Are you frustrated with how your life turned out? How do you accept reality and move on?
Many people would love to believe they can make life difficult by changing their fate, but there’s actually a better way to cope with your situation. In When Things Fall Apart, Pema Chödrön suggests accepting reality for how it is because ultimately, there’s nothing any of us can do to change it.
Continue reading to learn how to accept reality and move on.
Accept Reality as It Is
Chödrön’s recommendation for coping more gracefully with difficulty is to learn how to accept reality and move on. When you stop resisting reality, you can relax and accept whatever is happening in your life and experience more peace, even if your circumstances are painful and stressful.
(Shortform note: Accepting reality as it is doesn’t mean that you resign to or approve of the way things are. Like giving up hope, accepting reality may seem like a counterproductive approach to achieving peace if your reality is difficult, overwhelming, and unjust. However, many leaders in psychology assert that if you don’t accept reality, you waste a lot of mental and emotional effort on resisting it—feeling angry and cheated, for example—that could be used toward cultivating compassion and making positive changes. A common saying in the mental health field is “what you resist persists.”)
Chödrön says to accept reality, you must acknowledge the limited knowledge and control you have in life. In doing so, you can accept the present moment as it is without trying to predict or control the future. Our minds confidently develop inaccurate ideas about ourselves and reality all the time, and we tend to cling to our ideas, even when they’re negative because they provide us with a sense of familiarity and security. However, this sense of security is false, as everything, including ourselves, is in a constant state of change. Chödrön explains that when you accept how little you know about the present and future, you open more to the possibility that your challenging circumstances may have a positive outcome that you can’t yet imagine.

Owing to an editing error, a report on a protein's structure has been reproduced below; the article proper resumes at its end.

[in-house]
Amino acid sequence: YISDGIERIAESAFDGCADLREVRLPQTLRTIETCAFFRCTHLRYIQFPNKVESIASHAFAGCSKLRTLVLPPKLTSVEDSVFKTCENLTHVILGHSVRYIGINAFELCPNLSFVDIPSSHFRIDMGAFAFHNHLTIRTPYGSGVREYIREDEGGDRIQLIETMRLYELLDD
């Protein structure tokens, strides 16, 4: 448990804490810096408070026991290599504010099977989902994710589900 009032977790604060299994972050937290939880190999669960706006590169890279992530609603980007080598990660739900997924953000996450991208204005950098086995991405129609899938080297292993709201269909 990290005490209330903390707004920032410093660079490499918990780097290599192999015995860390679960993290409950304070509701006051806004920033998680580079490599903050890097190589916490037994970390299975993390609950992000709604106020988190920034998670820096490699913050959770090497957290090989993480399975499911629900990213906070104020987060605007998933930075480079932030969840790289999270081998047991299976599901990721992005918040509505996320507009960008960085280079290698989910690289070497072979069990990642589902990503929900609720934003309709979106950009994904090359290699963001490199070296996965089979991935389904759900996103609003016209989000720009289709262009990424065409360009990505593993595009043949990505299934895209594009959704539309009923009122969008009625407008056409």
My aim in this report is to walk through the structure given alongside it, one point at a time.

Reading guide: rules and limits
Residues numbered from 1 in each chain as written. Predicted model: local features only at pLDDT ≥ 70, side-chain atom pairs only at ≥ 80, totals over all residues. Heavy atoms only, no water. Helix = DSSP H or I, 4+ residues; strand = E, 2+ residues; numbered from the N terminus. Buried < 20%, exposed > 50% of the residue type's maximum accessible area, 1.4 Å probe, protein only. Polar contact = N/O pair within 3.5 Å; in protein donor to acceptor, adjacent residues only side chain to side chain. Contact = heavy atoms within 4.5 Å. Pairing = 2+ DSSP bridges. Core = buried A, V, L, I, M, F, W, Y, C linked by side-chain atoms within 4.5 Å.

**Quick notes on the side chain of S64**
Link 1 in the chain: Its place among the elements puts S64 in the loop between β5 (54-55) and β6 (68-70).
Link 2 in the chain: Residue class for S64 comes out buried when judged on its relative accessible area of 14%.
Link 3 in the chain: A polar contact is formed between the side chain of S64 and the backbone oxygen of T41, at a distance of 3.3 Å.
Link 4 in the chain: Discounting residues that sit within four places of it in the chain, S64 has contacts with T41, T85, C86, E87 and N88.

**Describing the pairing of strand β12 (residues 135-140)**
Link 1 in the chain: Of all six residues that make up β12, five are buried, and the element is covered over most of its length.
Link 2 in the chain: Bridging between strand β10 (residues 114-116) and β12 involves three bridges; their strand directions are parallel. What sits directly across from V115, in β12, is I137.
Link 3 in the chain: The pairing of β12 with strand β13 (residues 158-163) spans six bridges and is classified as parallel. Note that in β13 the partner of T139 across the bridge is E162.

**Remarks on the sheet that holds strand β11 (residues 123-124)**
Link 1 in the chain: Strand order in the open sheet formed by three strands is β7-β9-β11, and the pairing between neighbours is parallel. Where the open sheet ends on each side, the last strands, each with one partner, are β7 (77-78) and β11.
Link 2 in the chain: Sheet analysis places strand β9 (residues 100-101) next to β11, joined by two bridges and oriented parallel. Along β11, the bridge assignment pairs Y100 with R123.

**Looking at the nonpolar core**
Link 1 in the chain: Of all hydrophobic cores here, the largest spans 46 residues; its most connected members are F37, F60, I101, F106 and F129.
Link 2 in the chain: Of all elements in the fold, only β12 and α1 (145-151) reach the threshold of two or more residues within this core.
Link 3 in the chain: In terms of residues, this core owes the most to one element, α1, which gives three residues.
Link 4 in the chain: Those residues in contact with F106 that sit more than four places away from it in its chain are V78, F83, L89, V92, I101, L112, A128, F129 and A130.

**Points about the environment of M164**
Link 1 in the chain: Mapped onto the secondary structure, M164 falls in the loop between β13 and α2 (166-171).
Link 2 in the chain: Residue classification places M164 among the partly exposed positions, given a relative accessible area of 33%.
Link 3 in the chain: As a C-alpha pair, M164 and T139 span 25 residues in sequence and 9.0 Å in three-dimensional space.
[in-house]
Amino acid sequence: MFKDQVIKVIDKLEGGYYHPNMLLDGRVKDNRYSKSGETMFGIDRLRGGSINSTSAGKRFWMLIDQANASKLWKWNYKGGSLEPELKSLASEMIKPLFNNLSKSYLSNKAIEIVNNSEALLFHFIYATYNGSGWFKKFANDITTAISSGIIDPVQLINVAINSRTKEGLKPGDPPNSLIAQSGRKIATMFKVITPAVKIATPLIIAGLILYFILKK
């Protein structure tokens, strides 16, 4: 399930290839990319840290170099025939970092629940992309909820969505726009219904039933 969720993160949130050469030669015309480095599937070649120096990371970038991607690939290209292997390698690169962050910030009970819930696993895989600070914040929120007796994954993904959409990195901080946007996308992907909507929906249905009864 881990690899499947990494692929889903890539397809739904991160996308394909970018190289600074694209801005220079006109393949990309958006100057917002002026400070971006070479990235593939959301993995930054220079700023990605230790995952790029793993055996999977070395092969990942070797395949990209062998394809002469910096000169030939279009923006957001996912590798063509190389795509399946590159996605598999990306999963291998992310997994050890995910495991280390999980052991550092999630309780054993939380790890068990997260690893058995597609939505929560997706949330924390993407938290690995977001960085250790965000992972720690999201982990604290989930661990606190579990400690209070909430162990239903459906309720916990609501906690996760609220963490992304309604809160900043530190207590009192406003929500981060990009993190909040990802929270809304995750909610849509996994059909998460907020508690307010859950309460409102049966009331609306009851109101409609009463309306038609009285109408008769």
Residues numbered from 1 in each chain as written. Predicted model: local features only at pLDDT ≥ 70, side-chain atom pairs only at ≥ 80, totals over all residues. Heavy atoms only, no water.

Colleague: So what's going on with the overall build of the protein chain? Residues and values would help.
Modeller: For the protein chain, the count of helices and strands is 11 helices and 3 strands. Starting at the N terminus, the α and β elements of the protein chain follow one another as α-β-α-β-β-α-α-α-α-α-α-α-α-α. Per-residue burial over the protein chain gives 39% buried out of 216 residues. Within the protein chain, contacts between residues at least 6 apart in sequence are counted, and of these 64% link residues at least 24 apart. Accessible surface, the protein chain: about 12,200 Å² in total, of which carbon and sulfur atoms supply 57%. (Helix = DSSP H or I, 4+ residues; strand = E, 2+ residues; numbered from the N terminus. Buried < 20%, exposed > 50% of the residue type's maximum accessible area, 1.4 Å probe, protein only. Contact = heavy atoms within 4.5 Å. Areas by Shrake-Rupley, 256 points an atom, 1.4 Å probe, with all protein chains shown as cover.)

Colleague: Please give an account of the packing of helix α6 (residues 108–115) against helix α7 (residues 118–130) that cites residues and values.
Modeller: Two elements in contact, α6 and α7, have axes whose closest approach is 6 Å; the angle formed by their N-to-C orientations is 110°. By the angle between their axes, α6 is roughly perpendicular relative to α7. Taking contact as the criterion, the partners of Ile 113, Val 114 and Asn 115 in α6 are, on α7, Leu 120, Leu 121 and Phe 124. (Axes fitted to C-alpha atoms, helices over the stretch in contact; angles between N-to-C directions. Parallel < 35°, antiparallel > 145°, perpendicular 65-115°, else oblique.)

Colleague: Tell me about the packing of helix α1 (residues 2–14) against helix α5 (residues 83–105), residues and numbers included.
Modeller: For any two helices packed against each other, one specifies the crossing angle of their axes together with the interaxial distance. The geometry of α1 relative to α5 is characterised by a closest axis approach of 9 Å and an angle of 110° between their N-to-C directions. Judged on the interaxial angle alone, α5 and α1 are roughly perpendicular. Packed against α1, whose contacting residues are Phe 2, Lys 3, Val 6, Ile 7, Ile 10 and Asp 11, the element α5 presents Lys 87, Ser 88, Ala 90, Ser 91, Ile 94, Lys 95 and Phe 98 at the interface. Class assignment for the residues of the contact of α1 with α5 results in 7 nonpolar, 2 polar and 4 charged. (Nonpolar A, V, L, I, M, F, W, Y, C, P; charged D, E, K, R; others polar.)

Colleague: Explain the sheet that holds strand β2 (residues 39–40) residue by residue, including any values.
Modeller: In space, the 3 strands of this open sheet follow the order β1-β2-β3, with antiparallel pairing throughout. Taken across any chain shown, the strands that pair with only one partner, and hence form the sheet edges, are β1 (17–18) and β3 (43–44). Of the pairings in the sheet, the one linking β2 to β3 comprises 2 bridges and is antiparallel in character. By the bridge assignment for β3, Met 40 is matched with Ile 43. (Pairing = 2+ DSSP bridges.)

Develop a regular meditation practice and practice mindfulness in your daily life to learn how to stop resisting reality and fighting with yourself and your circumstances. Every time you acknowledge your thoughts, let them go, and return your attention to your breath, you’re strengthening your ability to compassionately accept yourself and reality. Chödrön argues that there is nothing so big or overwhelming that mindfulness and compassion can’t help.
|The Wisdom of Surrender in Spiritual and Mental Health Contexts
Another way that spiritual traditions and mental health programs talk about letting go of our ideas about the world and acknowledging the little control we have over our lives is in the practice of surrender.
In Hinduism, the term ishvara pranidhana refers to the practice of letting go of the ego’s need for control and recognizing that there is a greater power at work in the universe. It’s a way of acknowledging and surrendering to divine will rather than trying to impose your own will on the world. Ishvara pranidhana is a powerful approach for cultivating acceptance, inner peace, and connection to the present moment and can be achieved through prayer, meditation, and yoga.
In a mental health context, 12-step programs like Alcoholics Anonymous (AA) often encourage surrender as a part of recovery. One of the first steps in AA states that you should surrender your will and life to the care of a higher power. This step is seen as a key component of recovery from addiction, as it involves recognizing the limits of your control over your life and seeking guidance and support from something greater than you.
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Here's what you'll find in our full When Things Fall Apart summary:
- How to find courage and compassion amid pain, loss, and uncertainty
- How to use pain and suffering to grow and transform your life
- Buddhist methods for easing suffering and finding inner peace